The Coming of the Railway: A New Global History, 1750-1850 (Hardcover)
The first global history of the epic early days of the iron railway
Railways, in simple wooden or stone form, have existed since prehistory. But from the 1750s onward the introduction of iron rails led to a dramatic technological evolution—one that would truly change the world.
In this rich new history, David Gwyn tells the neglected story of the early iron railway from a global perspective. Driven by a combination of ruthless enterprise, brilliant experimenters, and international cooperation, railway construction began to expand across the world with astonishing rapidity. From Britain to Australia, Russia to America, railways would bind together cities, nations, and entire continents. Rail was a tool of industry and empire as well as, eventually, passenger transport, and developments in technology occurred at breakneck speed—even if the first locomotive in America could muster only 6 mph.
The Coming of the Railway explores these fascinating developments, documenting the early railway’s outsize social, political, and economic impact—carving out the shape of the global economy as we know it today.
About the Author
David Gwyn is a historian of the industrial and modern period. He is actively involved in the railway heritage movement, serving as a trustee of the Ffestiniog Railway and as chairman of the Bala Lake Railway Company.
“One does not have to be a train-spotter to read it: it tells a crucial story of our social and economic history, and does so with recourse to exceptional scholarship.”—Simon Heffer, The Telegraph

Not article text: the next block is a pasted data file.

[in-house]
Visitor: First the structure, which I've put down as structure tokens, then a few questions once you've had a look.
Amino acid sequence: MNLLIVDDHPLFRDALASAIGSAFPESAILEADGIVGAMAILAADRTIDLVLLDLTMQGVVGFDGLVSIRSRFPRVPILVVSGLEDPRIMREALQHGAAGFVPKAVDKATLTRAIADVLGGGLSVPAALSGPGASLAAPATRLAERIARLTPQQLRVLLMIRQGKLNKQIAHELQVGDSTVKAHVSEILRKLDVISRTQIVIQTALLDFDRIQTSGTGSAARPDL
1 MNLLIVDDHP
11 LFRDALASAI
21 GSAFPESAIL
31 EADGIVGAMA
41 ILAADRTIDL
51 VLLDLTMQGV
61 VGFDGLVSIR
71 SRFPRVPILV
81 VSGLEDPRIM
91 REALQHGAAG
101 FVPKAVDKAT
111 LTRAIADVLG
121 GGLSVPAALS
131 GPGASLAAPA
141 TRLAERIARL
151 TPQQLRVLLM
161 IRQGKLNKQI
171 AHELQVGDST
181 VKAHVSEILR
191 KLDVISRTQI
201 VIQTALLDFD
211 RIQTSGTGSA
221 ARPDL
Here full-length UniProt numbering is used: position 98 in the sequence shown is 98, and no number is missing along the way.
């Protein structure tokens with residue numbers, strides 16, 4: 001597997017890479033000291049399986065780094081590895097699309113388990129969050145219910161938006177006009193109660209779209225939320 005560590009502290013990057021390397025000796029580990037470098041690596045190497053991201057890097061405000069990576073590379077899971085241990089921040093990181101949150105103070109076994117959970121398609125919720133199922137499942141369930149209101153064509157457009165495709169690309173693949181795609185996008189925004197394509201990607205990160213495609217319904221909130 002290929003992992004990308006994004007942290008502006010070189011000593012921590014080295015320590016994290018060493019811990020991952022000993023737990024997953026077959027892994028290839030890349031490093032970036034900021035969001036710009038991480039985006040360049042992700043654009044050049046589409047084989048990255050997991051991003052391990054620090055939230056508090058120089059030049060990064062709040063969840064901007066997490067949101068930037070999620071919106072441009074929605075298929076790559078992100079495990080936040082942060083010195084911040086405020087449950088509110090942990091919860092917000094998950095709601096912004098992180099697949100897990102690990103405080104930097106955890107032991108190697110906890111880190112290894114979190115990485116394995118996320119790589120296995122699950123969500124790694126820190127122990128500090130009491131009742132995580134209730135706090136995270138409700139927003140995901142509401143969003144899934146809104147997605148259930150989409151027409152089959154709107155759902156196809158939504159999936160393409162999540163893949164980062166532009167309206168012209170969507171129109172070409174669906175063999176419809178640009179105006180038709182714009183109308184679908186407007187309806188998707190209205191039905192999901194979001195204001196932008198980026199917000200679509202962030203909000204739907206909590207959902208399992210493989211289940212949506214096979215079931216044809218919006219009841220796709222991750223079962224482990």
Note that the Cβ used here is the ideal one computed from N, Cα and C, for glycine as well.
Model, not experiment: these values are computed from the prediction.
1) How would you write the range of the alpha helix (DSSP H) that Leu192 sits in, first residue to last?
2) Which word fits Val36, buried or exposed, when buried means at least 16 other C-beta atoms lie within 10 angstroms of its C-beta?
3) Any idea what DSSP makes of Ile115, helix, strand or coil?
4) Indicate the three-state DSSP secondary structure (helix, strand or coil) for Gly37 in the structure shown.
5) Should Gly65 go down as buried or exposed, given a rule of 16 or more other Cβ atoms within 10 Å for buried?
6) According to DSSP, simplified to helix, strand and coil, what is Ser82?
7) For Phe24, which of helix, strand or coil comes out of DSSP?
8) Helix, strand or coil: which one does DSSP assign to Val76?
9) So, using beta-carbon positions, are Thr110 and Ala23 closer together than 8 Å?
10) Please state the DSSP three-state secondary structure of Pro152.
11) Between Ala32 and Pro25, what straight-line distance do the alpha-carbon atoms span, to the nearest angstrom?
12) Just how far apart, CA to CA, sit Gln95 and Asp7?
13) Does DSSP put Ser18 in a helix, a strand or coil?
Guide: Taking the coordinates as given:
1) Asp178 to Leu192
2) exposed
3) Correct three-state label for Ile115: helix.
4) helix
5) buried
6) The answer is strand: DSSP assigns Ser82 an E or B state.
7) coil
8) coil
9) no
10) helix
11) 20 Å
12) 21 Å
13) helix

“Written with great confidence and considerable aplomb, The Coming of the Railway is a must for the train enthusiast.”—Jeremy Black, New Criterion
“With impressive research and superb prose, Gwyn traces the complex evolution of railway technology, finance, and operating practices. . . . [He] succeeds brilliantly.”—Albert Churella, Technology and Culture
“The nineteenth century was defined by the railway. In this compelling new book David Gwyn weaves together the disparate strands that led to its emergence as the singular new technology of its age; a monumental study, erudite, authoritative, and full of wider historical insights.”—Sir Neil Cossons, former director of the Science Museum London
“This book is a real eye-opener for rail enthusiasts and scholars with a detailed and well researched account of the dawn of the railways. The rapid advancement in technology in the eighteenth and nineteenth centuries that the railways brought our society is truly astounding.”—Siddy Holloway, historian and presenter
“A fresh perspective on the early railway story across time and world space, with a wealth of intriguing details. Gwyn ably demonstrates the role played by overlapping technologies, harmonising under the influence of shaping forces.”—Susan Major, author of Early Victorian Railway Excursions
“The railways were the most important invention of the nineteenth century, but they only emerged thanks to a series of technological developments. This book documents these in a thorough and revealing way which makes it essential reading for anyone interested in the origins of this great invention.”—Christian Wolmar, author of The Great Railway Revolution